The internet is undergoing a complex transition to IPv6, providing long-term global and enterprise-level benefits. Various businesses and technical service providers understand the importance of moving to IPv6. Therefore, big companies such as Amazon, Google, and Yahoo, and the providers such as Comcast and Telstra have migrated to dual-stack implementation systems. On the other hand, Microsoft, T-Mobile, AARNet, and CERNET have also migrated to IPv6 due to the benefits it offers.
Alpha InfoLab can help your organization in transitioning from IPv4 to IPv6 (or dual-stack) and take your network infrastructure to the next level. Still confused about how all this works? Speak to our IP experts today.
IPv6 reduces the size of routing tables and makes routing more efficient and hierarchical. IPv6 allows ISPs to aggregate the prefixes of their customers' networks into a single prefix and announce this one prefix to the IPv6 Internet. In addition, in IPv6 networks, fragmentation is handled by the source device, rather than the router, using a protocol for discovery of the path's maximum transmission unit (MTU).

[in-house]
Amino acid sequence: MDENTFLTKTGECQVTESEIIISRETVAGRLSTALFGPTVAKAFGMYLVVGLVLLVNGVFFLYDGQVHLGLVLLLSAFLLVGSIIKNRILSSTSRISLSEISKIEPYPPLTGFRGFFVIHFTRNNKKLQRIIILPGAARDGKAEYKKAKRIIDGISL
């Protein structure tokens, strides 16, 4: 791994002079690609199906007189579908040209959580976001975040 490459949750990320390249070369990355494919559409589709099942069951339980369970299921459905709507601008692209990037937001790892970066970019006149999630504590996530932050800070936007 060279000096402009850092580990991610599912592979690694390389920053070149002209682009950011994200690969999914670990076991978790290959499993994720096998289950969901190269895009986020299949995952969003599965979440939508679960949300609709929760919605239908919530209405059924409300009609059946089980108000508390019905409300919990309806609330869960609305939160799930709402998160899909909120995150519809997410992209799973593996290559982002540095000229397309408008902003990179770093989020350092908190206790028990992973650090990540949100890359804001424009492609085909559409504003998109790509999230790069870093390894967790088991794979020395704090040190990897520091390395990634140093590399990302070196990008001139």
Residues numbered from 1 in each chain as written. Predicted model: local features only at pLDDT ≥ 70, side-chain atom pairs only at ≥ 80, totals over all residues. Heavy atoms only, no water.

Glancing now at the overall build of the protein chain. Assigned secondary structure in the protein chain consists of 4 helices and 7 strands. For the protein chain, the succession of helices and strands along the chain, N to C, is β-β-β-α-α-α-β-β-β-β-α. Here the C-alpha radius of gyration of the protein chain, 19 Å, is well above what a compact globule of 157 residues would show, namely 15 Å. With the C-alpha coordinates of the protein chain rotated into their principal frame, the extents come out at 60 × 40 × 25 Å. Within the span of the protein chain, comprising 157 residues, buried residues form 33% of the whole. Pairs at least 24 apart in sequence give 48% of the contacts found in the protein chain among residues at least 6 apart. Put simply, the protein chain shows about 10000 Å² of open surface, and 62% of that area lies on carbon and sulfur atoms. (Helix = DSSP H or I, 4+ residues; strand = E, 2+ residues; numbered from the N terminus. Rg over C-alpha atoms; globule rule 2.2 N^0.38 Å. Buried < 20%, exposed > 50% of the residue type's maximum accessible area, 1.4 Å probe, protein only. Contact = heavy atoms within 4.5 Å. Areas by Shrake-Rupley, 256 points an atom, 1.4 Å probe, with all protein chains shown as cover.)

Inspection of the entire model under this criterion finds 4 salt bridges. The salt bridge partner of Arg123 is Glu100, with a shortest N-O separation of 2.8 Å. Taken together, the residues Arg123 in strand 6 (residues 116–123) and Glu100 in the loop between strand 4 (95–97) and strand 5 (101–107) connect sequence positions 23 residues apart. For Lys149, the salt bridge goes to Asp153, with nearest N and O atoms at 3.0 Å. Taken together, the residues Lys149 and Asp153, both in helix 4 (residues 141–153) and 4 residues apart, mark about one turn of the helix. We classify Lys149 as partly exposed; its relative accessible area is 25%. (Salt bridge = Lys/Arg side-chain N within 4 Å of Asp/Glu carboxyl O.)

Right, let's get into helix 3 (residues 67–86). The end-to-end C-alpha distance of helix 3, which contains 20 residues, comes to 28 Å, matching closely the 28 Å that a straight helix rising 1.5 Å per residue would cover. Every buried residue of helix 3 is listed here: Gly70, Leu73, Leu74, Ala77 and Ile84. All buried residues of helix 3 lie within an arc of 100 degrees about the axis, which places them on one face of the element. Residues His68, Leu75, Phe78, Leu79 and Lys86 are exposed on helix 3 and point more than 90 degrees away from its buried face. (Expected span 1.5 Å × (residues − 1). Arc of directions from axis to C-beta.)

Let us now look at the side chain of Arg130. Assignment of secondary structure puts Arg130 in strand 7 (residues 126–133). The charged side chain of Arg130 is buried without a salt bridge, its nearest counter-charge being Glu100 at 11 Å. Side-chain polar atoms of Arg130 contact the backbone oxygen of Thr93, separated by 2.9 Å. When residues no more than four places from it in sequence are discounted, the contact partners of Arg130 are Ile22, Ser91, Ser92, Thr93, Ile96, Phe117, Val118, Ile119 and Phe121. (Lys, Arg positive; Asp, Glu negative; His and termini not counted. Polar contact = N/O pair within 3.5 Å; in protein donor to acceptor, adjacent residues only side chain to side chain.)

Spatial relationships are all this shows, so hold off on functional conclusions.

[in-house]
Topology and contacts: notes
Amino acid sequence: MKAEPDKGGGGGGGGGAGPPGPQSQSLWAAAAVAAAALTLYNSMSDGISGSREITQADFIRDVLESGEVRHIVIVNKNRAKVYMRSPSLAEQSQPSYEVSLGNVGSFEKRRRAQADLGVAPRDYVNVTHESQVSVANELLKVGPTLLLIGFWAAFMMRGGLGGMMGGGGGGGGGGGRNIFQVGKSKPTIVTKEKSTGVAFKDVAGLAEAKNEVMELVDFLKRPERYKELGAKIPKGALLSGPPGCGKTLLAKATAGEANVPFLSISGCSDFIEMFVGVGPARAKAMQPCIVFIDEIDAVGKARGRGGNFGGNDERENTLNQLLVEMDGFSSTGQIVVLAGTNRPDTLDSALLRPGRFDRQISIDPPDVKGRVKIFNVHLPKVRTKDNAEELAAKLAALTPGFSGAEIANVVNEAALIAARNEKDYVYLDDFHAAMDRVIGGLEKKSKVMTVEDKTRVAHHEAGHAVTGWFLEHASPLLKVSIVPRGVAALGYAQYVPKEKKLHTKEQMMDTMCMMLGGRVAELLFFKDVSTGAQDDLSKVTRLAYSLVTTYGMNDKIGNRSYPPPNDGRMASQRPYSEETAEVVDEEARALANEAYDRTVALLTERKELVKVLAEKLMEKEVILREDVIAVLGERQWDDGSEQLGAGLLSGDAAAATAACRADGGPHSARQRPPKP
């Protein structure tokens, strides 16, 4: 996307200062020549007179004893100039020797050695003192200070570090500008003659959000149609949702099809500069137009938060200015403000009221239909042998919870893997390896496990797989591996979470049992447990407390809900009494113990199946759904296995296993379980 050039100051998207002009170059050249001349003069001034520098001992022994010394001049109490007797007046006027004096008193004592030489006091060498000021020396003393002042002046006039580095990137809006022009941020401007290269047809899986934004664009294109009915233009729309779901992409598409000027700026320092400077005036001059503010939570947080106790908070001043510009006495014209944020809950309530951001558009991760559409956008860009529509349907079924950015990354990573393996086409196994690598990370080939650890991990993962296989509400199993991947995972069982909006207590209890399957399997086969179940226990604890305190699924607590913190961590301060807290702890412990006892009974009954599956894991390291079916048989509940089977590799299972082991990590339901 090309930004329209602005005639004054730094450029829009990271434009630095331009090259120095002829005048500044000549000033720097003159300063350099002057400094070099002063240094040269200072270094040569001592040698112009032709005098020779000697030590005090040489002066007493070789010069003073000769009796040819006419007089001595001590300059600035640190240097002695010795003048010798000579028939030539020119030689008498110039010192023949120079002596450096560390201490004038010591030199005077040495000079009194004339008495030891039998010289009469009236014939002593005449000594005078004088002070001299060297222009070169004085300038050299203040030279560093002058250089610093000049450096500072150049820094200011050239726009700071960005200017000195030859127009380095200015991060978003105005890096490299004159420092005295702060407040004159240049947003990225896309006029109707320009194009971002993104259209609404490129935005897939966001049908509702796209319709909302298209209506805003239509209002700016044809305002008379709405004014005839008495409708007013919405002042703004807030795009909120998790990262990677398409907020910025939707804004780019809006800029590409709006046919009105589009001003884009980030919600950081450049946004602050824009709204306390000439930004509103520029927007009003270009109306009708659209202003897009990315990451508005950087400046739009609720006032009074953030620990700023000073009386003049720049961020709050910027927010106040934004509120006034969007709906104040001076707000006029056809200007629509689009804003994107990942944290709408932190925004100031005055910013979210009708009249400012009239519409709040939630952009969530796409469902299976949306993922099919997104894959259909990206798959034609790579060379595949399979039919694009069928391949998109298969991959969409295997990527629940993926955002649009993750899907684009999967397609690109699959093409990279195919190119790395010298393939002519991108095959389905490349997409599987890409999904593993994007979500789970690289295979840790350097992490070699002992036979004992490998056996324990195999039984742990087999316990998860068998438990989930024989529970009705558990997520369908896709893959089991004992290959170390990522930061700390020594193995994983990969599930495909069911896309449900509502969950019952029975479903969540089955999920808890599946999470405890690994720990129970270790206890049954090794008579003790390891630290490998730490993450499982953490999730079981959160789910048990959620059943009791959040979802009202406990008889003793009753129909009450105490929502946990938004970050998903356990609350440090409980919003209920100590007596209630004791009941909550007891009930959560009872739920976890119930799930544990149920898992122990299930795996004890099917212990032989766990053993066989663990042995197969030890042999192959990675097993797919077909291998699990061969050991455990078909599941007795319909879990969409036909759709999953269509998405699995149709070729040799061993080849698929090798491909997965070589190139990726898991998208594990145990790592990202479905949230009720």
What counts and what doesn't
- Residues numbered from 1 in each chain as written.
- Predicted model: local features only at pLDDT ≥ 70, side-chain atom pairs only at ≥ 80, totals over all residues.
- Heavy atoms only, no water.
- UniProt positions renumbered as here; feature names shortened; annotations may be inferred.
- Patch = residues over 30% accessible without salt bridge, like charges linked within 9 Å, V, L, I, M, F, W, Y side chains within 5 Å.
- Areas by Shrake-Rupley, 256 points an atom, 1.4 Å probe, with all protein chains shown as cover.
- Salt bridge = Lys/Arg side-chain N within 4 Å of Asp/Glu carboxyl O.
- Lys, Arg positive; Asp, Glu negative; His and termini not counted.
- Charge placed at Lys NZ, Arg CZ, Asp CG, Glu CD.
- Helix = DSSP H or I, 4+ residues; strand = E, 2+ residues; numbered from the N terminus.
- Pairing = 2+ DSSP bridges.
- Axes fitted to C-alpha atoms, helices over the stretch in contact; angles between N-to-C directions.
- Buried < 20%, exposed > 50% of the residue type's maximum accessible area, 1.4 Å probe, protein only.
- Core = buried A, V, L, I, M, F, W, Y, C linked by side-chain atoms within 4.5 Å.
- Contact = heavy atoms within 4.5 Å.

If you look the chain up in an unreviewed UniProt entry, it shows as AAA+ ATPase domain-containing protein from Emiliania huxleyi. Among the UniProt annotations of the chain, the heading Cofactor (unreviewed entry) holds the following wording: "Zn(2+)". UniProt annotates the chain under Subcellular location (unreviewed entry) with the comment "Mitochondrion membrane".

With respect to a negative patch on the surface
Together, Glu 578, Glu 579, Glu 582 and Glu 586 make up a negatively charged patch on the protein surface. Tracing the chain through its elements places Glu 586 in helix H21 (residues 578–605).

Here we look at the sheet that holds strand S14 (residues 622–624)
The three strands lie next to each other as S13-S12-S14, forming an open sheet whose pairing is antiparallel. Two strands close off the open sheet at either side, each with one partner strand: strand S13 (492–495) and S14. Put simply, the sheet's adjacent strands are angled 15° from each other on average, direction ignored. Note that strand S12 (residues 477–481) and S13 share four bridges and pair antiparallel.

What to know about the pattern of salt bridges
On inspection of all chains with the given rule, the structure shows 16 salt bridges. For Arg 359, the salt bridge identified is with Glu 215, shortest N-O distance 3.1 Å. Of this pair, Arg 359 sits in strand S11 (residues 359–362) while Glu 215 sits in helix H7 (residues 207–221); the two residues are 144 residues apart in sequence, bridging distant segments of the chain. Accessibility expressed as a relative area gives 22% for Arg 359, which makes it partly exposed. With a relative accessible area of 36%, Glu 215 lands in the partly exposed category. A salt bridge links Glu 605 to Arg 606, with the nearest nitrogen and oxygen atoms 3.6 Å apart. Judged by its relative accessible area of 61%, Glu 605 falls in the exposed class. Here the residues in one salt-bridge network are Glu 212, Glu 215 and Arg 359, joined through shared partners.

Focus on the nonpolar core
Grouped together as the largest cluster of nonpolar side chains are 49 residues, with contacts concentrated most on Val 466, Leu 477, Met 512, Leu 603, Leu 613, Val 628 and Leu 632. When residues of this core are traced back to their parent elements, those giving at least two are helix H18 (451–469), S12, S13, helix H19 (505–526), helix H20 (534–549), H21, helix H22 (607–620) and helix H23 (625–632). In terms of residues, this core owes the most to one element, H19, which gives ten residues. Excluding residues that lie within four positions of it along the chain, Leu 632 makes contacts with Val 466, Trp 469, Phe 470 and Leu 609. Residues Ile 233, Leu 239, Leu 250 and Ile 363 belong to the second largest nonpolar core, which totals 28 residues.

IPv6's simplified packet header makes packet processing more efficient. Compared with IPv4, IPv6 contains no IP-level checksum, so the checksum does not need to be recalculated at every router hop. Getting rid of the IP-level checksum was possible because most link-layer technologies already contain checksum and error-control capabilities. In addition, most transport layers, which handle end-to-end connectivity, have a checksum that enables error detection.
IPv6 supports multicast rather than broadcast. Multicast allows bandwidth-intensive packet flows (like multimedia streams) to be sent to multiple destinations simultaneously, saving network bandwidth. Disinterested hosts no longer must process broadcast packets. In addition, the IPv6 header has a new field, named Flow Label, that can identify packets belonging to the same flow.
Address auto-configuration (address assignment) is built in to IPv6. A router will send the prefix of the local link in its router advertisements. A host can generate its own IP address by appending its link-layer (MAC) address, converted into Extended Universal Identifier (EUI) 64-bit format, to the 64 bits of the local link prefix.
By eliminating Network Address Translation (NAT), true end-to-end connectivity at the IP layer is restored, enabling new and valuable services. Peer-to-peer networks are easier to create and maintain, and services such as VoIP and Quality of Service (QoS) become more robust.
IPSec, which provides confidentiality, authentication and data integrity, is baked into in IPv6. Because of their potential to carry malware, IPv4 ICMP packets are often blocked by corporate firewalls, but ICMPv6, the implementation of the Internet Control Message Protocol for IPv6, may be permitted because IPSec can be applied to the ICMPv6 packets.